Increasing awareness around the medical treatments available through umbilical cord blood and tissue stem cell transplants, means that stem cell banking is becoming a hot topic in parenting circles.

However, because there are multiple sources of stem cells within the body – including bone marrow, umbilical cord and placenta blood, umbilical cord and placenta tissues, adult peripheral blood and other body tissues – it can become confusing to understand the differences and benefits of the stem cells from each of these sources.

There are different kinds of stem cells that are found in the human body throughout the course of life. They vary in exactly what they can and cannot do, but fall within two main categories.

Multipontent /adult Can only differentiate into certain types of specialised cells.
Work as a repair system in maintaining the specific tissues
Found in e.g. blood stem cells forming red blood cells, white blood cells and platelets, mesenchymal stem cells forming only certain tissue cells etc.
Cord blood and tissue stem cells can be found in a newborn baby’s umbilical cord and are classified as adult stem cells. These stem cells are practically brand new and have a greater capacity to grow, multiply and differentiate meaning that they have enhanced regenerative abilities in comparison to other sources.
Pluripotent Can differentiate into all specialised cells in the body.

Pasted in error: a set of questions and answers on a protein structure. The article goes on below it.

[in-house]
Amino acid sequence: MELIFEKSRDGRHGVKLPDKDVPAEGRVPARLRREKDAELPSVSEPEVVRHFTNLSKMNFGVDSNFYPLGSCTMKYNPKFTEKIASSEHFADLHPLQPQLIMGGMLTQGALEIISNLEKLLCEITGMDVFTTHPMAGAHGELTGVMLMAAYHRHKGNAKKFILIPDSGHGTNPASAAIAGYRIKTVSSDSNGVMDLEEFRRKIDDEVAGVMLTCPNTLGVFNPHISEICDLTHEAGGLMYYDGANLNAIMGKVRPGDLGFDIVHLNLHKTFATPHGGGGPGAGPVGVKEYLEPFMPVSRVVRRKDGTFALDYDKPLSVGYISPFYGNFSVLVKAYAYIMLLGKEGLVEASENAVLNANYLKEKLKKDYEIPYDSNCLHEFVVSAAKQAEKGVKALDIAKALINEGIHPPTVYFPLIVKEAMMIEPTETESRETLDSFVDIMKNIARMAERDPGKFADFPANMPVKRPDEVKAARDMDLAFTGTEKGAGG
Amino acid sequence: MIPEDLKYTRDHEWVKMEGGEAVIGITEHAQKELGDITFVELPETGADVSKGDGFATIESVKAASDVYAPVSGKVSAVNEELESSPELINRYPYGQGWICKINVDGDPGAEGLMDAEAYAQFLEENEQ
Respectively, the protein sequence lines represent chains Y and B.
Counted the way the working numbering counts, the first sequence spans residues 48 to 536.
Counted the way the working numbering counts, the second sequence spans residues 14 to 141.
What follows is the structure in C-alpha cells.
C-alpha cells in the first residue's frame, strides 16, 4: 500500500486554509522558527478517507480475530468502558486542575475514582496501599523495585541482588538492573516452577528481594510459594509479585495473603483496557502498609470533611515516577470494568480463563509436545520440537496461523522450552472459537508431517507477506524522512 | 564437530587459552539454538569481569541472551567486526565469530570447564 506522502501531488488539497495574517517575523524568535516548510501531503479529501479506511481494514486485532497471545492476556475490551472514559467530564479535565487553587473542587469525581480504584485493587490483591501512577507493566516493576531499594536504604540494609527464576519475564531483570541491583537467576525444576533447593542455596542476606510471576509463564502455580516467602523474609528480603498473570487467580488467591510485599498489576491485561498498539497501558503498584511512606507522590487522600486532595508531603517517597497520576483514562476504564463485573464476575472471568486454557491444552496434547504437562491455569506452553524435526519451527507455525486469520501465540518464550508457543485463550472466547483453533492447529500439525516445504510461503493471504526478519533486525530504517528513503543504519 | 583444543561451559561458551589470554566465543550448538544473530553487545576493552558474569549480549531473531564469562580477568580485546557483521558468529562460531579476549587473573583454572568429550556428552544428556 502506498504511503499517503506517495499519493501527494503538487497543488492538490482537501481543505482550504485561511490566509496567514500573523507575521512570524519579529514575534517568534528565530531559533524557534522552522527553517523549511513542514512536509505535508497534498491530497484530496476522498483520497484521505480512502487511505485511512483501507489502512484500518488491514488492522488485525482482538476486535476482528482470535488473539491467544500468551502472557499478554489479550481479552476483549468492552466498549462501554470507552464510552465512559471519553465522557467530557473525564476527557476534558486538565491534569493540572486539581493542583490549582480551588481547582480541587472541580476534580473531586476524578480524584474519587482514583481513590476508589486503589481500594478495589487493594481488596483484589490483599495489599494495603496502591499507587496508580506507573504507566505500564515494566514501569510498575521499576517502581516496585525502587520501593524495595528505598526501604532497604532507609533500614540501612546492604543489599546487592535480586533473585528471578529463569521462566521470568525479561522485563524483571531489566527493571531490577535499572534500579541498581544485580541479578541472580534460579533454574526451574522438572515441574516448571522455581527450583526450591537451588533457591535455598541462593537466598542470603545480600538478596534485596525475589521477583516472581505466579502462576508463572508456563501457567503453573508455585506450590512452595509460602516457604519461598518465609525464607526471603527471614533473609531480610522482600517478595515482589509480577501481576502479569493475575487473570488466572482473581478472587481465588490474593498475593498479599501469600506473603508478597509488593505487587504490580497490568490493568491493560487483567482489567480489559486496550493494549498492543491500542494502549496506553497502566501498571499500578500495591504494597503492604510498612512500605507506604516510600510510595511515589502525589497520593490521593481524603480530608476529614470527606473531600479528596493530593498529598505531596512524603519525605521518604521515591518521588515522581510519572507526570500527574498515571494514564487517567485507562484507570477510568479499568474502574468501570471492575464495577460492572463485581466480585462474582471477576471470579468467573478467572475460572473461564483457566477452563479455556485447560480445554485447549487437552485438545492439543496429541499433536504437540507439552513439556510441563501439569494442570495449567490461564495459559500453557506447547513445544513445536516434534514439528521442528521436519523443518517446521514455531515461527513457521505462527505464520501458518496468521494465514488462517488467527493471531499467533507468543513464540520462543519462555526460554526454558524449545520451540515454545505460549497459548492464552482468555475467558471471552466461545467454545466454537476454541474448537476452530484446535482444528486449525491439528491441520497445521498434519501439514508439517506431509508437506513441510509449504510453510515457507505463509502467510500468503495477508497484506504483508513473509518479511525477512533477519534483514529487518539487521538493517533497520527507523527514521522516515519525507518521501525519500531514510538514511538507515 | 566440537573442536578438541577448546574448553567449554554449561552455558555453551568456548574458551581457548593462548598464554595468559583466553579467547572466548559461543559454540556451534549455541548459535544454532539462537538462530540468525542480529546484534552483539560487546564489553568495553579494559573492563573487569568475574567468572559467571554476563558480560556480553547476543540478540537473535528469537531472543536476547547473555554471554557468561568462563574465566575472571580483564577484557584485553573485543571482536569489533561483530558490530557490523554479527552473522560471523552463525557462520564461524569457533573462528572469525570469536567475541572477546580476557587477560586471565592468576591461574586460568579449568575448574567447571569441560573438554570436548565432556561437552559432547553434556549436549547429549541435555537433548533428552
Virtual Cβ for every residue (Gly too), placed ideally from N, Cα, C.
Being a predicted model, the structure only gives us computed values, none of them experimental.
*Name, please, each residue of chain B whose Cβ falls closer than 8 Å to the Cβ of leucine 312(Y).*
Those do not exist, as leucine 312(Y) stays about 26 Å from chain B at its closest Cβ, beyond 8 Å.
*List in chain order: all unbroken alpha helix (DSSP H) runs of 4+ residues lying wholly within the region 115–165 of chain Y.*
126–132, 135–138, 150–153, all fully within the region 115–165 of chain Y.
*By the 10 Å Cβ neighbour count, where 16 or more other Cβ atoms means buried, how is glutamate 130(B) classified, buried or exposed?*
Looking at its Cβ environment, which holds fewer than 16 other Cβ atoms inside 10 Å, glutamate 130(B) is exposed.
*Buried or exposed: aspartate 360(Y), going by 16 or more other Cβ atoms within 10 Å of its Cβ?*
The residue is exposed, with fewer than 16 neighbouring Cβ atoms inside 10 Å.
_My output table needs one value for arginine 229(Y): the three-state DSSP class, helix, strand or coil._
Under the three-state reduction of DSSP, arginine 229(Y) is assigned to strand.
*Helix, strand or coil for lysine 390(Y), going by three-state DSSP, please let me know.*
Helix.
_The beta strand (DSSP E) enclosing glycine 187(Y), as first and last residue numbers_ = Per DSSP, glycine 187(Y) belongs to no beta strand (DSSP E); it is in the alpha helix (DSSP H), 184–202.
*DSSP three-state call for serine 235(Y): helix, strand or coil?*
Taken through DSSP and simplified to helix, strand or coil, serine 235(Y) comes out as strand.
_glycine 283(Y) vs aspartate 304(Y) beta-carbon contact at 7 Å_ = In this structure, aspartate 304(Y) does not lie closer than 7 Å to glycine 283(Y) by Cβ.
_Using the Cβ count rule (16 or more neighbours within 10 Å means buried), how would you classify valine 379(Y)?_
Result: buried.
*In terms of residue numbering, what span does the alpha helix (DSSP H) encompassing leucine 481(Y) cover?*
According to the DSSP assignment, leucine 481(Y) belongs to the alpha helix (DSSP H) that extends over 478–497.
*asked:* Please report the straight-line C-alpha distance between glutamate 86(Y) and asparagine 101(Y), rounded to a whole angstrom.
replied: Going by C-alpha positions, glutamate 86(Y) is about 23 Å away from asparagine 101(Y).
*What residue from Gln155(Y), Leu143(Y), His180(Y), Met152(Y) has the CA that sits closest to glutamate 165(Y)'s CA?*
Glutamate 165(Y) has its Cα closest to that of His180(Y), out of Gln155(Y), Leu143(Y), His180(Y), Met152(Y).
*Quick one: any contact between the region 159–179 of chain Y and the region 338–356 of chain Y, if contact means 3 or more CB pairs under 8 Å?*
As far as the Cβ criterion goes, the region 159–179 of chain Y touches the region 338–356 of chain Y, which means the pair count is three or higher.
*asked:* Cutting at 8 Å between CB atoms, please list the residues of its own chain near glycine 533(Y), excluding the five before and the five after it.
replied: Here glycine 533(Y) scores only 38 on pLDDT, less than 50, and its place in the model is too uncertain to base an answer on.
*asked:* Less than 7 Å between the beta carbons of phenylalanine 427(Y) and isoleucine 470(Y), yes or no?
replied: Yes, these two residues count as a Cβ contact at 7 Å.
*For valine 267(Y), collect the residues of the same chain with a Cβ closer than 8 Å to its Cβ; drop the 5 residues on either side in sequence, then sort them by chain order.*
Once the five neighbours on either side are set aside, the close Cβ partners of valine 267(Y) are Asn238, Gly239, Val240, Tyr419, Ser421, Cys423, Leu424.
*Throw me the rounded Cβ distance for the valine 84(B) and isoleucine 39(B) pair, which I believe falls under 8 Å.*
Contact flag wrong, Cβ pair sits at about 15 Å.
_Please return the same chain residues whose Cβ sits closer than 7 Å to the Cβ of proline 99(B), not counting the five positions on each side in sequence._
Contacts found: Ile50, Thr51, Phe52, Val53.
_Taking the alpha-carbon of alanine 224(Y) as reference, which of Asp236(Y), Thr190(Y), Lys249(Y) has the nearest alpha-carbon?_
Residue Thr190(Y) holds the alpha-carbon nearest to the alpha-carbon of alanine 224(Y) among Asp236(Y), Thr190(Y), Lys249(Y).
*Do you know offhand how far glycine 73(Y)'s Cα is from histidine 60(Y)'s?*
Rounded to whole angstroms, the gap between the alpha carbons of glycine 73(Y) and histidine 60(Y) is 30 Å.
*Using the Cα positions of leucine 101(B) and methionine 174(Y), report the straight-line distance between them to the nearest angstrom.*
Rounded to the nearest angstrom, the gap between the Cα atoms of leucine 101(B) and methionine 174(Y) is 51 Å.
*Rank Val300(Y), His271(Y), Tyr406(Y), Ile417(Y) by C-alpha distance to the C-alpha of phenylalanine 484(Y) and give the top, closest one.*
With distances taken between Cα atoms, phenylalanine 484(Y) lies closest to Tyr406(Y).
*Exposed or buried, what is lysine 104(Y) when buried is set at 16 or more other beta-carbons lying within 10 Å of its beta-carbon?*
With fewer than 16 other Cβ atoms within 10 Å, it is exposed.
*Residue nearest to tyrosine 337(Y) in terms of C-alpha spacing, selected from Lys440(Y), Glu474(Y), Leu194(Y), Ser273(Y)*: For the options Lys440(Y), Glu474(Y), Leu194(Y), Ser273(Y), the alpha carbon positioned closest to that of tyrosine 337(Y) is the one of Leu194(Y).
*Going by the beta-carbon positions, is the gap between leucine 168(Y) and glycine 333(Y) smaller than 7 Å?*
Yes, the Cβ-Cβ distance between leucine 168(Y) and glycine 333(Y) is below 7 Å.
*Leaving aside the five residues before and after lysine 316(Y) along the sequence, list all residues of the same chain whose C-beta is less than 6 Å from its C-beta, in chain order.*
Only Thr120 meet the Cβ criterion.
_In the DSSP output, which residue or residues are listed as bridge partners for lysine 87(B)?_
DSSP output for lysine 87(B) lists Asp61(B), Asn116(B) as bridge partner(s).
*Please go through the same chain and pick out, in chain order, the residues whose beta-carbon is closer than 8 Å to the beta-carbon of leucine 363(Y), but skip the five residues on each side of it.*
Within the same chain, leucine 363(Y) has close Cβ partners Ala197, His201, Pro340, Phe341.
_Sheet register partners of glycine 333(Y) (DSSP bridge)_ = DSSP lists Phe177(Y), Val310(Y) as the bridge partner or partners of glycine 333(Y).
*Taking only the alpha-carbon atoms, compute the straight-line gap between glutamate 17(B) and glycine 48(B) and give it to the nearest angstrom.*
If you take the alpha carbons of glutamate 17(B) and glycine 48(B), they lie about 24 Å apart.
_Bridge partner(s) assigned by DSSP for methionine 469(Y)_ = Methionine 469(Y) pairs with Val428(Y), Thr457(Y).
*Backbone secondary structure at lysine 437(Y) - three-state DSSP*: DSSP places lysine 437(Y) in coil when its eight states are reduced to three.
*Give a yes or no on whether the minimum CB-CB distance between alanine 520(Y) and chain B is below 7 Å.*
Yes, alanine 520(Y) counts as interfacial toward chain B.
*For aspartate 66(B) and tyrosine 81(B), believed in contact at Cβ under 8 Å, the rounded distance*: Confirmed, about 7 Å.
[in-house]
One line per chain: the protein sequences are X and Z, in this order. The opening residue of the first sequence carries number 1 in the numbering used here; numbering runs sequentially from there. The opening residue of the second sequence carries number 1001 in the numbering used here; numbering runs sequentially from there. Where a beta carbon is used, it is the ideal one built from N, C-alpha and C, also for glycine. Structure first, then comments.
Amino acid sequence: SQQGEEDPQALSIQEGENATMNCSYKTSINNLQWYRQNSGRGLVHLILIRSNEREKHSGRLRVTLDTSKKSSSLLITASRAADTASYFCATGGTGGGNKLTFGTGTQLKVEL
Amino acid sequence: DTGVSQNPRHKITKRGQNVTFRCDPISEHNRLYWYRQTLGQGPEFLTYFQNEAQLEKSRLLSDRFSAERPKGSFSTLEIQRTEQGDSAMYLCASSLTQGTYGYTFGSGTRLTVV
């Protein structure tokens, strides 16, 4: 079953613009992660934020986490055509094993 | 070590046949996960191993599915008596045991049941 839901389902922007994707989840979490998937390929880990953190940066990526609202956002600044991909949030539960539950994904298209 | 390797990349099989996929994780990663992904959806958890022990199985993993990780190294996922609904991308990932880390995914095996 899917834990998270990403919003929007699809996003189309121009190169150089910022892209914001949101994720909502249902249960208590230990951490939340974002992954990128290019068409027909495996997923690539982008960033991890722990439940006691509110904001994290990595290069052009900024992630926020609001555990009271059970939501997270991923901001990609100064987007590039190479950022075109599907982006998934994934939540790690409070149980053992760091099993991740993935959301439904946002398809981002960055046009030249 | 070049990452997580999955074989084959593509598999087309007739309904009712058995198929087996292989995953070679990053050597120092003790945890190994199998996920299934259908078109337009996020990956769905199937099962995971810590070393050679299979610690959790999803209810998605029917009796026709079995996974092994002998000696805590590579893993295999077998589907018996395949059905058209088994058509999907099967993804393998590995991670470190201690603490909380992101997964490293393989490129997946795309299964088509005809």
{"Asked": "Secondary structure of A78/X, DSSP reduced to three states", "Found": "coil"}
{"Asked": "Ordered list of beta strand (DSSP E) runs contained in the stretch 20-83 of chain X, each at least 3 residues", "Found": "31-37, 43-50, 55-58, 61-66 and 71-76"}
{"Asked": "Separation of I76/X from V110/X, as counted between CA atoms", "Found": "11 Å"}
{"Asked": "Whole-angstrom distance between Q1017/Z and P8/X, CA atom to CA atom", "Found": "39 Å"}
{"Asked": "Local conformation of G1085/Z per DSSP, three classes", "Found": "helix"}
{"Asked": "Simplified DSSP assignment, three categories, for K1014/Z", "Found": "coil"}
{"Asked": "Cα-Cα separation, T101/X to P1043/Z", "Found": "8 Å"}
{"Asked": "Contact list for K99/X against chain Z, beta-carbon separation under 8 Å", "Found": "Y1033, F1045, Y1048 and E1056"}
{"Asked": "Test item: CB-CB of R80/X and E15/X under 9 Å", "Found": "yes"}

Embryonic stem cells. Induced pluripotent stem cells.
Controversial and not part of our business or education process. Generated from specialised cells by using a technique called “reprogramming”. This ground breaking work was awarded the Nobel Prize in Physiology or Medicine in 2012 and is in the very early stages of research.

While bone marrow is generally more commonly known as source for blood stem cell transplants, more attention is being devoted to educating prospective parents regarding the life-saving potential of collecting and storing stem cells from the umbilical cord and blood.


Umbilical cord blood

Cord blood contains high concentrations of blood stem cells and is taken from the new-born’s umbilical cord and placenta immediately following birth. When these umbilical cord blood stem cells are used in transplants, they can help restore the immune and blood systems to help fight diseases and replace diseased blood.


Cord blood stem cell transplants have unique advantages over traditional bone marrow transplantation in that cord blood is more tolerant to HLA disparity, meaning that the HLA tissue types do not have to match 100%. This also lowers the risk of developing severe Graft-vs-Host disease (GVHD), which is a condition that occurs when the white blood stem cells (T-cells) in the donor’s stem cells (graft) attack the cells of the recipient (host) after a transplant. Cord blood stem cells are readily available for transplant and storage costs less than collecting a donor’s bone marrow or peripheral blood stem cells.


Umbilical cord tissue

Cord tissue also contains Mesenchymal stem cells (MSCs). However, the younger cells present in cord tissue have a greater ability to multiply and differentiate when compared to their older donor counterparts, and are thus considered a superior resource when compared to bone marrow MSCs.


In addition, the large volume of umbilical cord and ease of physical manipulation increases the yield of MSCs. The presence of placental barrier, means that umbilical cord MSCs also have a lower risk of bacterial and viral infections than those isolated from bone marrow and fat.


Cord blood stem cells are already being used to treat several diseases, and the fact that they could become a vital component of the future treatment of many other diseases and injuries, means stem cell banking is something every expecting parent should be considering.